Innovators in digital health indeed are enjoying newfound tailwinds supporting demand for their products. And many have provided a proof-of-concept for what digitally enabled health care could look like. Nonetheless, we believe it is dangerous for industry leaders to view current trends in digital health investment and adoption as a true victory in the pursuit of holistic, equitable, and cost-effective digital care for the majority of patients.

Excessive optimism is dangerous because the stakes are high. As Covid-19 helped demonstrate, health care business models, from staffing to payment to site of care distribution, are strained. Shifting from legacy business models to digitally enabled ones could enable sustainability where traditional approaches have failed. Three challenges particularly stand out to us for the role digital innovation could play in addressing them:

1. Promoting health equity: How can digital health help reduce disparities in care delivery, and ultimately, outcomes?

2. Caring for an aging population: What technologies can help reduce cost of care for the Baby Boomer generation as it ages into Medicare?

3. Advancing value-based care: What tools do clinical and operational leaders need to succeed under risk-based payment models?

We believe addressing these and other challenges require creation and adoption of digital tools that meet two requirements:

1. In their design, they are scalable, holistic, and targeted at the most complex, high need patients; and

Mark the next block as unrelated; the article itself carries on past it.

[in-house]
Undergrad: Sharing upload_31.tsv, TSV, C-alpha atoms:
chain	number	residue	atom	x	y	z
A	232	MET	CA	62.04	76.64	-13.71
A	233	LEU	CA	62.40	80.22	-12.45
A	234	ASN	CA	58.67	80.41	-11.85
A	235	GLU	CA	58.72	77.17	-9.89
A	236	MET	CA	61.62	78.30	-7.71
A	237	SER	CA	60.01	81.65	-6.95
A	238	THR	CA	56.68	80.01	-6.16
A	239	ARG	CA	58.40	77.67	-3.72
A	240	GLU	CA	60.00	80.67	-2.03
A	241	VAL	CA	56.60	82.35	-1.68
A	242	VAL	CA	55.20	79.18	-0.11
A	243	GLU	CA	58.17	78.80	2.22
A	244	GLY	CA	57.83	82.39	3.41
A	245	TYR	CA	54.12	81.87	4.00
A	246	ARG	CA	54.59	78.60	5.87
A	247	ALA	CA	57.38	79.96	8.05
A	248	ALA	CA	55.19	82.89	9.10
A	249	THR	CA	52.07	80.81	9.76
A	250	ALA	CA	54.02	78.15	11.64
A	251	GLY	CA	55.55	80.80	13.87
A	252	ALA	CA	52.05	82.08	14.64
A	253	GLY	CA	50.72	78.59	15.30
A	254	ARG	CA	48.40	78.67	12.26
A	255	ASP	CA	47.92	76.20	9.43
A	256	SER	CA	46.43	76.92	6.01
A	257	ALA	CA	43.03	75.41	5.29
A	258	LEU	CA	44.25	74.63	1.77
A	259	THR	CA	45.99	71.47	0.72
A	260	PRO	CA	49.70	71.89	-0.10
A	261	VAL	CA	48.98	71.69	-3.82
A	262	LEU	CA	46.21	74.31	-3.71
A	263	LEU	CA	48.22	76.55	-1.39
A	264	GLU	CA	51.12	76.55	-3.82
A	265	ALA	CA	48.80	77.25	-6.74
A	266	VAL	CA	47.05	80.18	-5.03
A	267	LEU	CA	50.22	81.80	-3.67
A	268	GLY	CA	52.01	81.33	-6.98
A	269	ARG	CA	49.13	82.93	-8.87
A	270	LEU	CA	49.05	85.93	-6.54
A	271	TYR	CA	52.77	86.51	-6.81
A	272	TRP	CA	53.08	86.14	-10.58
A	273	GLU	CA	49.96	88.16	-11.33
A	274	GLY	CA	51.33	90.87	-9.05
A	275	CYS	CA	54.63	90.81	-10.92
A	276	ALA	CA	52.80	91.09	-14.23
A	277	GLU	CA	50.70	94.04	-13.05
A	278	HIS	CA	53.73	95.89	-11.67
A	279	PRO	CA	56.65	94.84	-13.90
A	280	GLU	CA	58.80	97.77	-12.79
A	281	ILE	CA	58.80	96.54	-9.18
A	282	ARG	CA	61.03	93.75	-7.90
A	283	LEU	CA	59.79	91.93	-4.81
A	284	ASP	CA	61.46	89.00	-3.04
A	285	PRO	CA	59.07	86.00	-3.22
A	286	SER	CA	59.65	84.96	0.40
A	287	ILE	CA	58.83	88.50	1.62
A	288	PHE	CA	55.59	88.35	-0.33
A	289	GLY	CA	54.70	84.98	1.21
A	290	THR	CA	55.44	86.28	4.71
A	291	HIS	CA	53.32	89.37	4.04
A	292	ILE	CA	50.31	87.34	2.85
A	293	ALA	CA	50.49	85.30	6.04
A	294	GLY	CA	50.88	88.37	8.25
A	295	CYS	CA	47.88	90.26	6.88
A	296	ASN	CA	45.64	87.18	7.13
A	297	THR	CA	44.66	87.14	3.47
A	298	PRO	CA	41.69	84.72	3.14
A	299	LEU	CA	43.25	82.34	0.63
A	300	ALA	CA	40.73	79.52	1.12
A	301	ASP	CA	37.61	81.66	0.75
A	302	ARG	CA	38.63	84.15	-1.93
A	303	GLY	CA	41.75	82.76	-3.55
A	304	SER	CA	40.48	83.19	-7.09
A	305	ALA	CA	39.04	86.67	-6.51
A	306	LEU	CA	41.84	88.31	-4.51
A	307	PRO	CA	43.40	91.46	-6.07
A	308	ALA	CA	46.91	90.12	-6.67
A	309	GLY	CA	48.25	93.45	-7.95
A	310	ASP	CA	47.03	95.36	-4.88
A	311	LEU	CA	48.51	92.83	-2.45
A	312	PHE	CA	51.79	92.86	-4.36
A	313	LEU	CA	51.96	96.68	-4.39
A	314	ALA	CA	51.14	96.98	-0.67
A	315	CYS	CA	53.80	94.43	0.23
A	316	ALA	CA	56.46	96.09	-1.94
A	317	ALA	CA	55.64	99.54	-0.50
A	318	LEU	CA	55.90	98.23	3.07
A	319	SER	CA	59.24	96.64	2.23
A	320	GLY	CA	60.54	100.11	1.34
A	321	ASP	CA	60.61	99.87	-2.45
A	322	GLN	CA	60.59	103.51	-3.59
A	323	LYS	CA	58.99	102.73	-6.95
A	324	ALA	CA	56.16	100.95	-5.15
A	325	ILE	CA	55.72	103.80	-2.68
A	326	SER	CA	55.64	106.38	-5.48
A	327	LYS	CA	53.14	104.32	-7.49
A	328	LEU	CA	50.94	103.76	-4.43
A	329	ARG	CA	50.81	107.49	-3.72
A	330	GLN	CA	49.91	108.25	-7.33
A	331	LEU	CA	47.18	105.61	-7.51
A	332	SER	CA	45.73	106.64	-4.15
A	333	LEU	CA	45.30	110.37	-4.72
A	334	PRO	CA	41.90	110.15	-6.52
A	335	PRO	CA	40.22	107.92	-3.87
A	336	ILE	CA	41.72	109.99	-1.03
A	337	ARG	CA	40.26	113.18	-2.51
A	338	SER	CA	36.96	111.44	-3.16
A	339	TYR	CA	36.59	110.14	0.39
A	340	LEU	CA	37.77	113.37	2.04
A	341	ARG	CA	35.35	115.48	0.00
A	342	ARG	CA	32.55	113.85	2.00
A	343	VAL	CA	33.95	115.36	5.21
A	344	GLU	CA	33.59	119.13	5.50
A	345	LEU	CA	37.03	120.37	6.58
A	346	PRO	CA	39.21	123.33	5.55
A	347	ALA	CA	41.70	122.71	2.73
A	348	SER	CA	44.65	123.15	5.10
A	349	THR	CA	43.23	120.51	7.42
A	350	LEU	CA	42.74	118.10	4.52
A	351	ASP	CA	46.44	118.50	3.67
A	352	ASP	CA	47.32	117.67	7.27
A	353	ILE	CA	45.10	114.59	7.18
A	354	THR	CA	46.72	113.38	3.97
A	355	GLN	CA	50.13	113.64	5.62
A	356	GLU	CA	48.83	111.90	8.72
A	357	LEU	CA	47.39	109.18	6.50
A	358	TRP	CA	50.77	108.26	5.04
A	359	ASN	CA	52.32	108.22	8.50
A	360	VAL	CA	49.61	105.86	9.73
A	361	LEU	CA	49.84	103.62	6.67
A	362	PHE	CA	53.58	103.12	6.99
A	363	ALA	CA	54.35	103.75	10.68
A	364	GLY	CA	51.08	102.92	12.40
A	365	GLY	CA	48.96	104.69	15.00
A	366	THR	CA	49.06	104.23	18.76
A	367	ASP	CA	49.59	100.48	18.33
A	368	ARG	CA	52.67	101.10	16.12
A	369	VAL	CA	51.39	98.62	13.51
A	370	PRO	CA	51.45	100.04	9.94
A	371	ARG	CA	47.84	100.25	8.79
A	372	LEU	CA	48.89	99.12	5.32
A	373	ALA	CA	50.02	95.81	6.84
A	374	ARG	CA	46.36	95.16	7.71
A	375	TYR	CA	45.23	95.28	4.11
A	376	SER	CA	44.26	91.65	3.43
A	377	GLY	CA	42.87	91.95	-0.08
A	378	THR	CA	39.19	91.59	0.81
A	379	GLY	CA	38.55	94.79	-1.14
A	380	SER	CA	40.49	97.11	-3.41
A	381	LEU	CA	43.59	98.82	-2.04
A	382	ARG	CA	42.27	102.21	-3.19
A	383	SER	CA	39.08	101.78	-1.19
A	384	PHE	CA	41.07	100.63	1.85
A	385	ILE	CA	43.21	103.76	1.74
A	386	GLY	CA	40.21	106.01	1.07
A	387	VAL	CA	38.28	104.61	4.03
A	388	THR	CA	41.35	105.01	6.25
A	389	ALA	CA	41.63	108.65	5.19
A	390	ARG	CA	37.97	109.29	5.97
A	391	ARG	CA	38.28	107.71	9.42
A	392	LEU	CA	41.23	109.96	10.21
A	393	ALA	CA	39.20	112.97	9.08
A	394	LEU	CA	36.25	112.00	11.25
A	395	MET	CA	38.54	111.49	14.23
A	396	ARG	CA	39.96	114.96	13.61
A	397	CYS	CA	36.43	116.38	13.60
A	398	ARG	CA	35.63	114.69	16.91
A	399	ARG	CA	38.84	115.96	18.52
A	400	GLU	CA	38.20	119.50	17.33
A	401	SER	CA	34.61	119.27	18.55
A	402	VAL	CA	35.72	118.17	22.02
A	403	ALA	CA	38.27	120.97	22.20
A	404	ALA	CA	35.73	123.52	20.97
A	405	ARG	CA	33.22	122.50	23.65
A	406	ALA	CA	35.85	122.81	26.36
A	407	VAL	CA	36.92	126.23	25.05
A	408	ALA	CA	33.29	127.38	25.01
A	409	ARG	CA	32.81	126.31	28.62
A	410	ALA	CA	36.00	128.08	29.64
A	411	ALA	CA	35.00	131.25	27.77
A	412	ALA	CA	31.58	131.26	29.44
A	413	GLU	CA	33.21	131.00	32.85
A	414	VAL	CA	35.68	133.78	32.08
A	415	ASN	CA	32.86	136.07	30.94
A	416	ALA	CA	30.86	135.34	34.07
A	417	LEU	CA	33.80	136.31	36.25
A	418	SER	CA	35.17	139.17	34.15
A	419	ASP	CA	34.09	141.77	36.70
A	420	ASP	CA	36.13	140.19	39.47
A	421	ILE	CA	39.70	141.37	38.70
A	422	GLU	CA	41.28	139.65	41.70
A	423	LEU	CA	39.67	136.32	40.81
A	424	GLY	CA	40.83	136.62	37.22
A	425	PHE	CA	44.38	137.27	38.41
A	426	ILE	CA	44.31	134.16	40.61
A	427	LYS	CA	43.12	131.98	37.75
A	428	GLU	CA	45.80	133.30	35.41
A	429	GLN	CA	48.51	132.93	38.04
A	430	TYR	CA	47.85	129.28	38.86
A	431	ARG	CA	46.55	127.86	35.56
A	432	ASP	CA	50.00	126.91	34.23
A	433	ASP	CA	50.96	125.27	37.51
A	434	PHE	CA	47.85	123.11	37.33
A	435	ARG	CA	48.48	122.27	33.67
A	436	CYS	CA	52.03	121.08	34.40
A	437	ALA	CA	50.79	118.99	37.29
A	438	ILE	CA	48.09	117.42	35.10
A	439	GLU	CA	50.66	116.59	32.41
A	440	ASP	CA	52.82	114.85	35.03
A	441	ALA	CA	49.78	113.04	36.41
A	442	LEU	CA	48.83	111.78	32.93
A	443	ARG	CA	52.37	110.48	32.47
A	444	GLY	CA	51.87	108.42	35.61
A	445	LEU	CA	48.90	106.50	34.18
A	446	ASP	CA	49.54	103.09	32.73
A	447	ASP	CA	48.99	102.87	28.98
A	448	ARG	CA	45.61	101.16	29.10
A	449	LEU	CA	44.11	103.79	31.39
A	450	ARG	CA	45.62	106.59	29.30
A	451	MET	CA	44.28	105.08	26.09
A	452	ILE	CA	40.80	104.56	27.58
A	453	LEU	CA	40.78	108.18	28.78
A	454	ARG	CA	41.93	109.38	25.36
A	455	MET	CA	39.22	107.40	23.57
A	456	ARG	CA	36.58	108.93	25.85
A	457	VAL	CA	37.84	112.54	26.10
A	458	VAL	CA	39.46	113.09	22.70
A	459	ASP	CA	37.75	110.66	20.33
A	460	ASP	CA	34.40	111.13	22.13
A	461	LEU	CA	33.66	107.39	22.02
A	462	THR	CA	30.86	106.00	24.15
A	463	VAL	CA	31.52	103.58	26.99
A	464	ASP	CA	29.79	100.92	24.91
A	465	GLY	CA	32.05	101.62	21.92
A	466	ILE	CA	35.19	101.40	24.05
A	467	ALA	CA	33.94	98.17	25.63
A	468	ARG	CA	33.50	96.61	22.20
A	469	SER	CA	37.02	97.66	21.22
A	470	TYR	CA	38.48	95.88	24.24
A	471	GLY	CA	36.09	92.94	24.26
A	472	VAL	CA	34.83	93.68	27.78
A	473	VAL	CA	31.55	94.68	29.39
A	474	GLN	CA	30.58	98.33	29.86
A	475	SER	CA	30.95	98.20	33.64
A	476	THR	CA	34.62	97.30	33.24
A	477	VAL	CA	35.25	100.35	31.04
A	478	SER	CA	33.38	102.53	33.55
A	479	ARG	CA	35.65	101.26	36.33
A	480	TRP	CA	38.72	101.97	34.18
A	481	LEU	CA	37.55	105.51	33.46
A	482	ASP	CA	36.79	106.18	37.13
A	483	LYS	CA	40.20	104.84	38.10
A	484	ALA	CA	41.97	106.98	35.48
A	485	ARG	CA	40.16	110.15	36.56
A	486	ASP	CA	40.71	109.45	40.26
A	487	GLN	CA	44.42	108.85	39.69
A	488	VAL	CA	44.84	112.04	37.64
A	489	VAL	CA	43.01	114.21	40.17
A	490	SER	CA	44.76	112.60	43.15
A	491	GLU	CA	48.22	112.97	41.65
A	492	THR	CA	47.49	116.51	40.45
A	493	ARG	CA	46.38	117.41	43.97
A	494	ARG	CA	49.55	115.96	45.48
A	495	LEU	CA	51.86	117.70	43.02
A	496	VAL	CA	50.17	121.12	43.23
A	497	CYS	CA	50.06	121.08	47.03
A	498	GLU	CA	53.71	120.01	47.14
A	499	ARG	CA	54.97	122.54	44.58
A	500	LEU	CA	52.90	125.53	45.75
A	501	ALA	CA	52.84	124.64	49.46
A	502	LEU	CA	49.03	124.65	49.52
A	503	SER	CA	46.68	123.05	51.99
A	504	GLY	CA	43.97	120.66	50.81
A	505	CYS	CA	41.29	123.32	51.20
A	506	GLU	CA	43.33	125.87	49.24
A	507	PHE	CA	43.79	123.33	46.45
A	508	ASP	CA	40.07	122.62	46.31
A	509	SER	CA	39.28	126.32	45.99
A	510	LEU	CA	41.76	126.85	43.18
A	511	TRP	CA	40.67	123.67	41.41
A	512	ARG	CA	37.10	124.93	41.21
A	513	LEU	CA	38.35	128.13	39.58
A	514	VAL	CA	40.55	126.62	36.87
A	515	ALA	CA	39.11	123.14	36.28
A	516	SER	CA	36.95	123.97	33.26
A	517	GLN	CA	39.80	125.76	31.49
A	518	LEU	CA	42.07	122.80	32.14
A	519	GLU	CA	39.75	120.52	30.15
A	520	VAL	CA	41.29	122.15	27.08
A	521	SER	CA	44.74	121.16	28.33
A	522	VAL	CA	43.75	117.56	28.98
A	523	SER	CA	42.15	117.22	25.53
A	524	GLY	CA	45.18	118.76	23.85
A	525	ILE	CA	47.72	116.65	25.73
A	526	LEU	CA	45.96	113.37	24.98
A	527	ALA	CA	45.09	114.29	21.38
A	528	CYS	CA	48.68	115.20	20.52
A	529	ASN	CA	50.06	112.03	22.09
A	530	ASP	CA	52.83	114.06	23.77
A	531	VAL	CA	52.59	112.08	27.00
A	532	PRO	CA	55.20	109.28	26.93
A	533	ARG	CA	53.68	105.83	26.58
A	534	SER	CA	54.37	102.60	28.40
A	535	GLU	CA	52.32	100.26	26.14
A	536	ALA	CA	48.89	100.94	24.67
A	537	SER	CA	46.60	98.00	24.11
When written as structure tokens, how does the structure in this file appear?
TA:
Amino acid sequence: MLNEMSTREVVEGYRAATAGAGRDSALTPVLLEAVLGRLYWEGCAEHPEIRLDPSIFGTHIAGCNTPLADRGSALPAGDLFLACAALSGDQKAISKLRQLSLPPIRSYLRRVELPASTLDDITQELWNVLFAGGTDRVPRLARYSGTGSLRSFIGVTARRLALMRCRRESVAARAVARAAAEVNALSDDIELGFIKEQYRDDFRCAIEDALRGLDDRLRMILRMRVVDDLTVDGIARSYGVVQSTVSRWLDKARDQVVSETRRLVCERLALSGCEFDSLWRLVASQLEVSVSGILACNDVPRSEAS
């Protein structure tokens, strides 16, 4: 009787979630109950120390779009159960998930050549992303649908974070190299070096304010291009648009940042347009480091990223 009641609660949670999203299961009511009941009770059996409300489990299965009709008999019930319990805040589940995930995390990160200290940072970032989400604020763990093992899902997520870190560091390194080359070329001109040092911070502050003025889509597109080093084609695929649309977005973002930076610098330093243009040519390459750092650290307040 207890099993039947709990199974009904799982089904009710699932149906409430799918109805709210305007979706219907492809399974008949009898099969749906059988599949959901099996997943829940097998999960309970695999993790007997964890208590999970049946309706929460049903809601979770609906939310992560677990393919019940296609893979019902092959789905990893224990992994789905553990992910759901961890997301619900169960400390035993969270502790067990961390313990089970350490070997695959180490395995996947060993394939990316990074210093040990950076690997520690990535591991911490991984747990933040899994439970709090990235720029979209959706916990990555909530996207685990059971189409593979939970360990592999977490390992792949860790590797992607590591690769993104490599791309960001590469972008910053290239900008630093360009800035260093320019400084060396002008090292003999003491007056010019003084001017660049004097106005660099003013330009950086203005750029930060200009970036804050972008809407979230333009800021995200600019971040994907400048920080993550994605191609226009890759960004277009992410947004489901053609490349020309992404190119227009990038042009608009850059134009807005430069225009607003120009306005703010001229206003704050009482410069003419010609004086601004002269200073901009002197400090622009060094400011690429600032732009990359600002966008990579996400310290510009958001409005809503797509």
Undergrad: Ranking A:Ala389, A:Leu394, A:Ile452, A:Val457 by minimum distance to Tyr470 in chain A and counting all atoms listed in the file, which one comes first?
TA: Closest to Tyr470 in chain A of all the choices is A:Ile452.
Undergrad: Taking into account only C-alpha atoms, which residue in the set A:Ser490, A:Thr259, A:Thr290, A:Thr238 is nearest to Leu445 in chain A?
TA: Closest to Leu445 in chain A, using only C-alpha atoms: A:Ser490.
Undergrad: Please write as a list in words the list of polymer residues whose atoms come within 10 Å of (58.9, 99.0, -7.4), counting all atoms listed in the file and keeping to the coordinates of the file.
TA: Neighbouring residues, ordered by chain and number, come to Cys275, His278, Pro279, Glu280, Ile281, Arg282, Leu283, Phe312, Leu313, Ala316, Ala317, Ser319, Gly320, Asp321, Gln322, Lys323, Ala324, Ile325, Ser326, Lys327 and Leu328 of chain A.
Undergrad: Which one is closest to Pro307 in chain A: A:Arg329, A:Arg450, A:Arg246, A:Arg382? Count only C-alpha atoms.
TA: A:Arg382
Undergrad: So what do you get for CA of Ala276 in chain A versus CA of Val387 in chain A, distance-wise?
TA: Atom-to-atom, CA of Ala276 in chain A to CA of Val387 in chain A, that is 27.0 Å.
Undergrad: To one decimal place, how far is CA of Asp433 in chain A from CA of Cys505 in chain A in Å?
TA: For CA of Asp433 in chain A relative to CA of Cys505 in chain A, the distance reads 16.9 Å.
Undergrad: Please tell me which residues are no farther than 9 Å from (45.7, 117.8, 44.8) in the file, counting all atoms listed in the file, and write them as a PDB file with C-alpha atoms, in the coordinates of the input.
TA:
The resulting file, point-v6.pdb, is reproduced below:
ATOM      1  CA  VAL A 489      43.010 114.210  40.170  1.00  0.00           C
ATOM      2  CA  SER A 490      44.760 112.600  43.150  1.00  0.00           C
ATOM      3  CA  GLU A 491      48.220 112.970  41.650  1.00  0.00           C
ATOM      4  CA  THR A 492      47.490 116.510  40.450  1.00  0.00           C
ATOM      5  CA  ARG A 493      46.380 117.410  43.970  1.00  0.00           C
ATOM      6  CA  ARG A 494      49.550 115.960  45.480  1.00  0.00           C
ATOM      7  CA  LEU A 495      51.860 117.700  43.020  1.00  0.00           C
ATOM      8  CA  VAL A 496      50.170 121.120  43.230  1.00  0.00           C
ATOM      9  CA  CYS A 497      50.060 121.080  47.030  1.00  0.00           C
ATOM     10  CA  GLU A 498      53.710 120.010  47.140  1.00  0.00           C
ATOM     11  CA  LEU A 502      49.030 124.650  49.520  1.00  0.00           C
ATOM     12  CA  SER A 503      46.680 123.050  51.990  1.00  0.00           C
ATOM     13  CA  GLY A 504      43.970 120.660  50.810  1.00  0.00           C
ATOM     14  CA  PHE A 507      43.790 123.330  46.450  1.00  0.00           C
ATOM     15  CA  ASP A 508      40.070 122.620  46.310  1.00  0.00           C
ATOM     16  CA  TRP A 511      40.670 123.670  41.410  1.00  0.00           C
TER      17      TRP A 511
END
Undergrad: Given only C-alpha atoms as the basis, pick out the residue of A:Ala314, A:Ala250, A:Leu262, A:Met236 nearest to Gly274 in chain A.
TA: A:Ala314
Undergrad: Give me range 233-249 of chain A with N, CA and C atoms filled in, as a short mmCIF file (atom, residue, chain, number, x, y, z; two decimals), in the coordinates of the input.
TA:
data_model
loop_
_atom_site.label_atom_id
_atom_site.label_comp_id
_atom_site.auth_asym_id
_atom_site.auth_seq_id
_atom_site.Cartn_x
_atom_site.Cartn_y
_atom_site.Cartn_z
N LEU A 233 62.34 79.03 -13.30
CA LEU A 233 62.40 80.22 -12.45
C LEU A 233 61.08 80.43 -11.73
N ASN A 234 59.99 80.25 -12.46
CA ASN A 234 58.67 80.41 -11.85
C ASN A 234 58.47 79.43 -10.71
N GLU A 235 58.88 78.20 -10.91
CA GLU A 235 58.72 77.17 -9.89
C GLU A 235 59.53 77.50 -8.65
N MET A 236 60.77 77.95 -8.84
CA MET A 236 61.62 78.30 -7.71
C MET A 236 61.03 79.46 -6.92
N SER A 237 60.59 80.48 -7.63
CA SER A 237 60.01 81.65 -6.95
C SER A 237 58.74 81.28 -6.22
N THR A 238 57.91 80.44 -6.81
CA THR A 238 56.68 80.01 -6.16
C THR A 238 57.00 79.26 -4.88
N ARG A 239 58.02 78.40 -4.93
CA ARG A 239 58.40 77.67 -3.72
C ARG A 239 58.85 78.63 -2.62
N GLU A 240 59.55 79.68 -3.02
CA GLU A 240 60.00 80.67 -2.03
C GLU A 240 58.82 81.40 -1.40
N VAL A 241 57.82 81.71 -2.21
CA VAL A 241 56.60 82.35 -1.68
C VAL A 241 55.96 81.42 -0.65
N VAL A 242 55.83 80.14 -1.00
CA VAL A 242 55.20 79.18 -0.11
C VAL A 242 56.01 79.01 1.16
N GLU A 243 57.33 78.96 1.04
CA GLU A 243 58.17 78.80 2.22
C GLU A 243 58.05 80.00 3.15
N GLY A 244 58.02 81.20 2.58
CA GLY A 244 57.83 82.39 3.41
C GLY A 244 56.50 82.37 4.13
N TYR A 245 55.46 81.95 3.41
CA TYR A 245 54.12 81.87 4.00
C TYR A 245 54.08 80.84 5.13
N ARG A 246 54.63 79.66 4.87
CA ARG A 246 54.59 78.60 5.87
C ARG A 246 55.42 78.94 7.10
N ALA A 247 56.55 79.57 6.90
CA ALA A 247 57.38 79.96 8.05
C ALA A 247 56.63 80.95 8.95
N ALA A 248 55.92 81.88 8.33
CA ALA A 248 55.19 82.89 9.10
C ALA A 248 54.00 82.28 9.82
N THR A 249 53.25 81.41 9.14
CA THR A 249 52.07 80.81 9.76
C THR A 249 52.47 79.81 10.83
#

2. In their adoption, they are widespread enough to be accessed by a large majority of patients.

Innovative organizations indeed are designing digital tools that satisfy the first requirement. Asynchronous monitoring and care management platforms, for example, enable clinicians to make smarter and faster patient care decisions without needing to see each patient in real time. Yet scalable innovations like asynchronous care are not representative of all emerging digital health tools. Many organizations continue to advance tools that fall short in three ways:

Assess the incentives most provider organizations (which care for most patients) operate on, and these shortcomings make sense: value from digital investments is elusive under fee-for-service (FFS) payment because many of the processes and services they aim to eliminate are incremental revenue generators. As a result, many digital innovators design products that fit their customers’ FFS-driven business models.

This leaves adoption of the highest leverage digital innovations limited to two groups that combining to own the care of only a small share of patients.

First, large, progressive health systems with payer arms or significant revenue at risk have invested heavily because they reap outsized value from tools that reduce cost of care through early or preventative intervention. Nonetheless, they represent just the upper echelon of health systems. Second, direct-to-consumer digital health providers are eagerly seeking to steal market share from traditional providers by differentiating on a more efficient, consumer-friendly digital care model. But they have won little market share to date. Case in point: 78% of patients receiving virtual care do so from their own provider, compared to just 2% using an app or online service they found.